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  5. "He istuvat maassa ja juovat …

"He istuvat maassa ja juovat limonadia."

Translation:They are sitting on the ground and drink soda pop.

June 26, 2020



"They sit on the ground and drink soda pop," and "They are sitting on the ground and drinking soda pop," are correct.

The approved sentence mixes two tenses and would not be said by a native speaker of English.

I have reported it.


Kiitos! It hurt my brain to read that translation.


Yes! That!


Exactly. At least the translations ...sit on the ground and drink... As well as ...are sitting on the ground and are drinking... Should be the preferred translations


Parallel structure. The two verbs in English need to have the same structure. It may or may not be technically correct the way it is (I think it's not), but in any case I would never say it that way.


The limonadia (naidia) audio is incorrect, pronouncing it in "finglish"


yes... so many answers have the audio for this word wrong


drinking Also, either "soda" and/or "pop" should be acceptable


I haven't had a problem using soda, are you on ios?


drinking Also, either "soda" and/or "pop" should be acceptable


soda pop is american, lemonade or soft drink should also be accepted


Soft drink sure but it wouldn't be used for lemonade, that's not carbonated


Not sure where you're writing from, but in the UK, lemonade is almost always carbonated. Traditional, home-made lemonade isn't, but any that you'd buy in a can or bottle is. A Finnish friend of mine tells me that it's true that limonadia would not be used to mean lemonade, but I must admit, it does seem perverse that it doesn't!


It's true that something like Sprite is called 'lemonade' in English and 'limonadia' in Finnish, but that's only one type of 'limonadia'. They might be drinking cola, and then your translation is incorrect. 'Soft drink' and synonyms are the only accurate translations of 'limonadia'.


Sprite is emphatically NEVER called "lemonade" in English. At least not by speakers who actually speak English.


In Canada, at least, we would almost never have carbonated lemonade. Even if it is carbonated, lemonade is still only an example of pop and (at least as a Canadian) would never be used as a blanket term for soda/pop.


Yes but in Britain lemonade usually means a carbonated sweet drink rather than the original lemon juice.


One cannot use two different verb forms using the same subject in a sentence.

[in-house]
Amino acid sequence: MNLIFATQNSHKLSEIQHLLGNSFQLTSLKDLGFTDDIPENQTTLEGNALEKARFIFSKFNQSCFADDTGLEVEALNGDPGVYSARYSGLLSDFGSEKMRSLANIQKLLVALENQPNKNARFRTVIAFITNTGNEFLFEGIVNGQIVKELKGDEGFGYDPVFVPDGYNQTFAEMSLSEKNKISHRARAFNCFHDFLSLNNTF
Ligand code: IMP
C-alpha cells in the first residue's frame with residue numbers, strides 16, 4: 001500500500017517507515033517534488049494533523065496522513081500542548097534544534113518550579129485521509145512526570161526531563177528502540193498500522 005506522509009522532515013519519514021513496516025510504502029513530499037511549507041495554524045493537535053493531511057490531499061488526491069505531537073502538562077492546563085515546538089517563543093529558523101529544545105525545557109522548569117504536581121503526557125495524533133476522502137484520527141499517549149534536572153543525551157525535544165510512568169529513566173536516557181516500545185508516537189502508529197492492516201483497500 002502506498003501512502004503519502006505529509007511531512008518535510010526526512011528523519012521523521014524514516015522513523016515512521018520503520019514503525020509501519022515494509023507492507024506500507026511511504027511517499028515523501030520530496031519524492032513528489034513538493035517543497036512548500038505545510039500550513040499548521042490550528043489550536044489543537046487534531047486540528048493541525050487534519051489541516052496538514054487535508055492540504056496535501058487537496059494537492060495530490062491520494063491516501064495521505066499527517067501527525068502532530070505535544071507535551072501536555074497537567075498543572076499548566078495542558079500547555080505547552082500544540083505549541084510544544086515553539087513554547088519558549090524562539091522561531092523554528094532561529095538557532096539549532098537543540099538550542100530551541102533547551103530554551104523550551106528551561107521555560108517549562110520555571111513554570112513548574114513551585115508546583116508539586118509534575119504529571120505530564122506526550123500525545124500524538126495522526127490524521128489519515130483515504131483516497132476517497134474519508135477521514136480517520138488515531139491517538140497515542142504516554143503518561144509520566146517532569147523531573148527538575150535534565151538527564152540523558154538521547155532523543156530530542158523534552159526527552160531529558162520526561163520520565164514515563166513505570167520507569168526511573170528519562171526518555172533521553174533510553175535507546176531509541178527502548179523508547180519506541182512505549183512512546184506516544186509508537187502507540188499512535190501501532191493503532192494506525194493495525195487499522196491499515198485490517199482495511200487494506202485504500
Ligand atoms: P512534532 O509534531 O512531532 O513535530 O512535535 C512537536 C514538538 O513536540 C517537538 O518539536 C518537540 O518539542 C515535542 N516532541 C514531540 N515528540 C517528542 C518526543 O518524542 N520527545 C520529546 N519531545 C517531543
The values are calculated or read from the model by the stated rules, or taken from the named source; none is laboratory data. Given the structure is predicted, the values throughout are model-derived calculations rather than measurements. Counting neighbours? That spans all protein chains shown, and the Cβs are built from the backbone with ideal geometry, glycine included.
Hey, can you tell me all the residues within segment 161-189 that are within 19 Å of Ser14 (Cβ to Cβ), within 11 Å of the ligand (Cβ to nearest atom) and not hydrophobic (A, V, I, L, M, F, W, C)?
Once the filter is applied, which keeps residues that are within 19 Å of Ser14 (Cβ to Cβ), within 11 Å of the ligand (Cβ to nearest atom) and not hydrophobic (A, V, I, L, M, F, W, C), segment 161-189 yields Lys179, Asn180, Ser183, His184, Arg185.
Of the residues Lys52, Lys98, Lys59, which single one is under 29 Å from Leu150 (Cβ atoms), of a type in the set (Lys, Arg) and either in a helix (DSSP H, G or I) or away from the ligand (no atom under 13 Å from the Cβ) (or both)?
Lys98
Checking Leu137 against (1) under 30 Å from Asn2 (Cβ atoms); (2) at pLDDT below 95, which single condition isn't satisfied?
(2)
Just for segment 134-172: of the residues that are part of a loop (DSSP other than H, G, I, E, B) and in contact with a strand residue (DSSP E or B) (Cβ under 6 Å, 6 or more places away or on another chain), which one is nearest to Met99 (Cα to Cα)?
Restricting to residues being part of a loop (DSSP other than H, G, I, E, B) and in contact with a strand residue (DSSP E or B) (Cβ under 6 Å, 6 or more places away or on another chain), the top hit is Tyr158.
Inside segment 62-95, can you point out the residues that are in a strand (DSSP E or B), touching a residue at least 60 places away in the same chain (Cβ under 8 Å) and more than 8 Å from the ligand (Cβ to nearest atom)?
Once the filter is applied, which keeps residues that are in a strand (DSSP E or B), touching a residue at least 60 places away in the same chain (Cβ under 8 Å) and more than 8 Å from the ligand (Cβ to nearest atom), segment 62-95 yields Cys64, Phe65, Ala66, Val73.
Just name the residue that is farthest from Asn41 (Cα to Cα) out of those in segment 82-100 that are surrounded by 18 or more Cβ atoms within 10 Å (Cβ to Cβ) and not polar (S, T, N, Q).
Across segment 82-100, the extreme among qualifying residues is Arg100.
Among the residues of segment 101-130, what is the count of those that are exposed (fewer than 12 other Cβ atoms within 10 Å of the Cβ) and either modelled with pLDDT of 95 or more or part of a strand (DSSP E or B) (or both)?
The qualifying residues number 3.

Your sentence is incorrect--should be sit and drink or sitting and drinking


It works better if you say "drinking" instead of "drink", that way it agrees with sitting. By the way, what a fun language, I'm glad I started it! :-)


The audio for limonadia is totally wrong.


Here is a english sentence more like finnish. Drinking should match sitting.


I'm sorry, but the option for "soda pop" is really driving me nuts. I have never heard a British person use it. Also, the discussion of carbonated versus non-carbonated is totally pointless. A lot of traditional recipes are not carbonated and fizzy versions were introduced later. Why not go with lemonade for simplicity?


Because apparently, "limonadia" doesn't actually mean "lemonade" (where "lemonade" is a combination of lemon juice, sugar, and plain non-carbonated water). Instead, "limonadia" is supposedly the word for soft drink.

(I've never heard an American person use "soda pop", either.)


Totally with you on this. With one minor point--at least in my corner of New England, "soda pop" is the usual term. Seems to vary greatly among English speakers.


Drink is wrong, drinking is right.


Same that jenny700062 said.


Thank you, Ian. My point exactly


I am doing this lesson from my laptop and choosing from the word bubbles provided. "sit" is not offered, but "drink" is. "drinking" isn't offered, but "sitting" is. I would prefer to have the ability to enter the translation in correct English. I see I'm not the first to speak up!


Would «they sit on the floor» be incorrect here?


I do not know for sure, being a native English speaker, but I'll take a stab at it. Would dirt, rocks, sand, grass, and the occasional snail be a "floor" in English? The sense that I have so far for "maa" is that it seems like it's out of doors and natural, rather than constructed. So, assuming I'm right, I would definitely think that "floor" is the wrong translation.


Having tried several combinations of 'sit', drink', 'are sitting' and 'are sitting' to comply, and eventually given in and gone with the given answer even though it's incorrect English, I then find it marks 'lemonade' as a translation of 'limonadi' incorrect, even though it's accepted elsewhere in the course!


same detail about parallel construction in the translation---if it's "they are sitting" we need "drinking soda pop"


I agree. I would not mix tenses like that.


This still hasn't been fixed. The accepted translation is horribly incorrect. It should either be "They sit on the ground and drink soda" or "They are sitting on the ground and drinking soda". Pick a tense and stick to it.


I would get marked wrong with that English. Either-They sit and drink. Or are sitting and are driving


It should either be present continuous in both verbs, or present simple in both. "They are sitting and drinking" or "They sit and drink"

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